I recently read the book Reflections From The North Country by Sigurd Olson. A noted conservationist and author, Olson served a term as president of The Wilderness Society and was instrumental in protection of the Boundary Waters Canoe Area, Voyageurs National park, and the Arctic National Wildlife Refuge. Reflections was one of nine books that he completed during his lifetime.
This book, published in 1976, is a collection of essays on various topics related to conservation and the environment. It might be best to describe this volume as the philosophy of Sigurd Olson. One essay in particular stuck with me as I read through the collection. This essay titled “The Intangibles” begins with the following paragraph.
“There are intangible values in works of art that have always been taken for granted. Not long ago in one of our museums, I saw a woman standing engrossed before a great painting, her head bowed in reverence, and in her eyes a strange and happy light. What she saw in that painting certainly was not the canvas, its beautiful frame, or the amount of oil and pigment the artist had used, but something intangible which inspired her as it had thousands of others. If asked, she would find it difficult to explain, but one could see it affected her deeply.”
I thought about this essay yesterday while visiting several easement properties in Mecosta County. This in itself was not unusual; I think often about the intangible values of land conservation. Why do we dothe things we do in the name of conservation? How do we explain the reasons why, beyond the facts of acres and miles of shoreline protected? Reflections was published when Olson was in his mid-seventies and he had spent his entire lifetime pondering these very thoughts
“Intangible values are hard to define, explain, or measure. You can measure soil, water, and trees, but intangibles never. Even so let us try, if we can, to gain some idea of what they are and how they fit into the environmental picture. We do know they stir the emotions, influence happiness, and thereby make life worth living. They are involved with the good life, but sometimes I wonder if we know what the good life really is. They are so important that without them it loses its meaning.”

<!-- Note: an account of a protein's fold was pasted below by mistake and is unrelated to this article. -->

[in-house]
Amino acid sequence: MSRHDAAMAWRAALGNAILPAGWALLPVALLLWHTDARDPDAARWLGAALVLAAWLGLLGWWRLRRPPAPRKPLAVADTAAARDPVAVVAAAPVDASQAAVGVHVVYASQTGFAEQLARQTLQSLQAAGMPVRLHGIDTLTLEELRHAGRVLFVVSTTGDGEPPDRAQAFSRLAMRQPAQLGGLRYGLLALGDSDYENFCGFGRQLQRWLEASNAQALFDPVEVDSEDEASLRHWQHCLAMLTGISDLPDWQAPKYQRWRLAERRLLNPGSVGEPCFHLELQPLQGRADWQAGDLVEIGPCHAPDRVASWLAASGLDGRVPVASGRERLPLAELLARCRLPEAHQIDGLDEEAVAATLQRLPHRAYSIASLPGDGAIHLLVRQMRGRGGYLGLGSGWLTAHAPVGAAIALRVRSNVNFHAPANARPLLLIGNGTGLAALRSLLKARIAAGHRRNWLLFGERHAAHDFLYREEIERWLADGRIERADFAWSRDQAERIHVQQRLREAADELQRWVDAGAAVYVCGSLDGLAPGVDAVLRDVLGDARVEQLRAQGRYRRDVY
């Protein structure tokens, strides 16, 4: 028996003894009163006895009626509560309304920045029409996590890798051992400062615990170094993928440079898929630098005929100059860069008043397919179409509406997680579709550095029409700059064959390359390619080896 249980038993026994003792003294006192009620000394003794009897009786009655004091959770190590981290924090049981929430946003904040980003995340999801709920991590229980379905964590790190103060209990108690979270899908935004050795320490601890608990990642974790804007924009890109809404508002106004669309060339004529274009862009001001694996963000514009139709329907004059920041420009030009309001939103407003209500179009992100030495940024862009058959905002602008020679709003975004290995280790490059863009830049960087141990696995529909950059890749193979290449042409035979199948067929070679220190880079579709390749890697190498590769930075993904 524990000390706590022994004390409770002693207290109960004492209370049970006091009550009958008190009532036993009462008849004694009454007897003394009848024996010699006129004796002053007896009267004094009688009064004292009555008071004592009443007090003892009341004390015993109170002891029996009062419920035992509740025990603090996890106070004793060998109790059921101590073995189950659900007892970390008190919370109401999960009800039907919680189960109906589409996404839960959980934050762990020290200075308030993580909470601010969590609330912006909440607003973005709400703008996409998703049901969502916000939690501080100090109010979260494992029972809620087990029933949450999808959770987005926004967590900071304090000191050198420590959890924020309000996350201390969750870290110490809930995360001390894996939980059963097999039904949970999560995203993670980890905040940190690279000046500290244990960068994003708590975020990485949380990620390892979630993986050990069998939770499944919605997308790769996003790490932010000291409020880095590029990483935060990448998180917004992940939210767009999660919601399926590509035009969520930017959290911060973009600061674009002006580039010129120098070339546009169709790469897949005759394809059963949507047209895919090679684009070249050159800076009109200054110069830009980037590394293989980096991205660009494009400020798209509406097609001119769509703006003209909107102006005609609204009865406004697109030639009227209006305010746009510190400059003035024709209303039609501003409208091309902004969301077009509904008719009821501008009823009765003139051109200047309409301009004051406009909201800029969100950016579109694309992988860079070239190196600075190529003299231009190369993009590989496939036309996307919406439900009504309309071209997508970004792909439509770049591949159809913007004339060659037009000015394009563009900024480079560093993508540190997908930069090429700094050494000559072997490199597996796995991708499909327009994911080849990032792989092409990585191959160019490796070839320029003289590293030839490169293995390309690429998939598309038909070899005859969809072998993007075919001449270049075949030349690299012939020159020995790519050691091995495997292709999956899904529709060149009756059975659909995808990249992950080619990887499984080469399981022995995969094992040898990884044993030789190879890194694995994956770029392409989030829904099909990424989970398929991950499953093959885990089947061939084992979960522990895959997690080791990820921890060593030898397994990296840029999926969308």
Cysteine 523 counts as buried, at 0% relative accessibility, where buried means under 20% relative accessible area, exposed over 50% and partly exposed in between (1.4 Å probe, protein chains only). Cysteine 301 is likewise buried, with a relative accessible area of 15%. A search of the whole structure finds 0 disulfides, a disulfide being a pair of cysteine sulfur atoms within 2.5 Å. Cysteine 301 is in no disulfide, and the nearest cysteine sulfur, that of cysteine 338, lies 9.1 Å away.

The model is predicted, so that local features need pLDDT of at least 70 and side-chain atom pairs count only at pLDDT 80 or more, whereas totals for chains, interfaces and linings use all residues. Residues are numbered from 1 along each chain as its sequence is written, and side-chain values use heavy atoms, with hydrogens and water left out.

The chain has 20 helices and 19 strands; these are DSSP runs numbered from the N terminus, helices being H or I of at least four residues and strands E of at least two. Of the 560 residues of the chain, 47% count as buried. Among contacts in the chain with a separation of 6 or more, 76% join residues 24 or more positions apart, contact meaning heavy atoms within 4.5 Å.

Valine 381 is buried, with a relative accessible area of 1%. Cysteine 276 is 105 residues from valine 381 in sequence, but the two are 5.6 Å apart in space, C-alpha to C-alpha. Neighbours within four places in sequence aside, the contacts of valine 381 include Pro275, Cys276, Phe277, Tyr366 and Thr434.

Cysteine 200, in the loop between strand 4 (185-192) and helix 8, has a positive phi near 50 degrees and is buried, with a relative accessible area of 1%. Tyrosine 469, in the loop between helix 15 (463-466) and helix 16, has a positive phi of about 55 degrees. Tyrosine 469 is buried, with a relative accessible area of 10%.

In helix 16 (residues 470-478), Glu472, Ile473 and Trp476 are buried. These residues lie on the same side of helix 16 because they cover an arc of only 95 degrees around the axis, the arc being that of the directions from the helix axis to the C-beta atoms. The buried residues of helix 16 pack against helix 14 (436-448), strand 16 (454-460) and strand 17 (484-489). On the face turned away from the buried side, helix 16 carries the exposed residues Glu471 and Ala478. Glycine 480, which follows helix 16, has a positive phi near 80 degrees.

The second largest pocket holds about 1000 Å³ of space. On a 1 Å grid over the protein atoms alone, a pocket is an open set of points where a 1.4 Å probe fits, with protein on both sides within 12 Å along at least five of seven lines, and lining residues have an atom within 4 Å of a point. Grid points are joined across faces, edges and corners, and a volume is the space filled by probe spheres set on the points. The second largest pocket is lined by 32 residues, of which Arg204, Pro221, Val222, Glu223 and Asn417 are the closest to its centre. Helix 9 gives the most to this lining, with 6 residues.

As I walked through these properties, my mind wandered both from Olson and from the task at hand (as it often does). When the body wanders it is easy to allow the mind to wander – this is why so many of history’s great thinkers were also dedicated walkers. As I looked out over one vista, I remembered a quote from Early Twentieth Century theologian Friedrich von Hugel. Von Hugel wrote in a letter to his niece, “Be silent about great things; let them grow inside you. Never discuss them: discussion is so limiting and distracting. It makes things grow smaller. You think you swallow things when they ought to swallow you. Before all greatness be silent — in art, in music, in religion: silence.”
Like the woman at the opening of “The Intangibles” I have been struck silent while standing before a great painting. I have felt the same type of awe while watching a virtuoso musician perform. And I have experienced the same awestruck feeling many times in the natural world. I have experienced it while gazing across the wave-tossed surf of the Atlantic Ocean, standing on a rocky beach along the north shoreline of Isle Royale, looking out from atop The Wall of South Dakota’s Badlands, and while staring up at the wonder that is Devil’s Tower.
But I also feel awe when watching dozens of bumblebees feasting on goldenrod pollen and nectar in my garden each September. I feel it when flights of Monarchs drift southward across Central Michigan on their way to their ancestral homeland and overwintering grounds in Mexico. I also experience it when I come across an unexpected flower in a swamp or when an animal darts across my path through the woods.
I can no more explain why these moments strike me than I can explain why a great sculpture, painting, or musical composition strikes me. But these moments of awe and joy are integral to “the why” behind our actions of conservation and environmentalism. As usual, Olson explained it much better than I can so I leave you with a final paragraph from “The Intangibles”.
“We talk about the intangible values of environmental protection and know we cannot embark on any effort or program of conservation without them. Back of all concrete problems, the intangibles are the ultimate key. They give substance to the practical, provide reasons for everything we do, and are so involved and integrated with conservation efforts it is impossible to separate them.”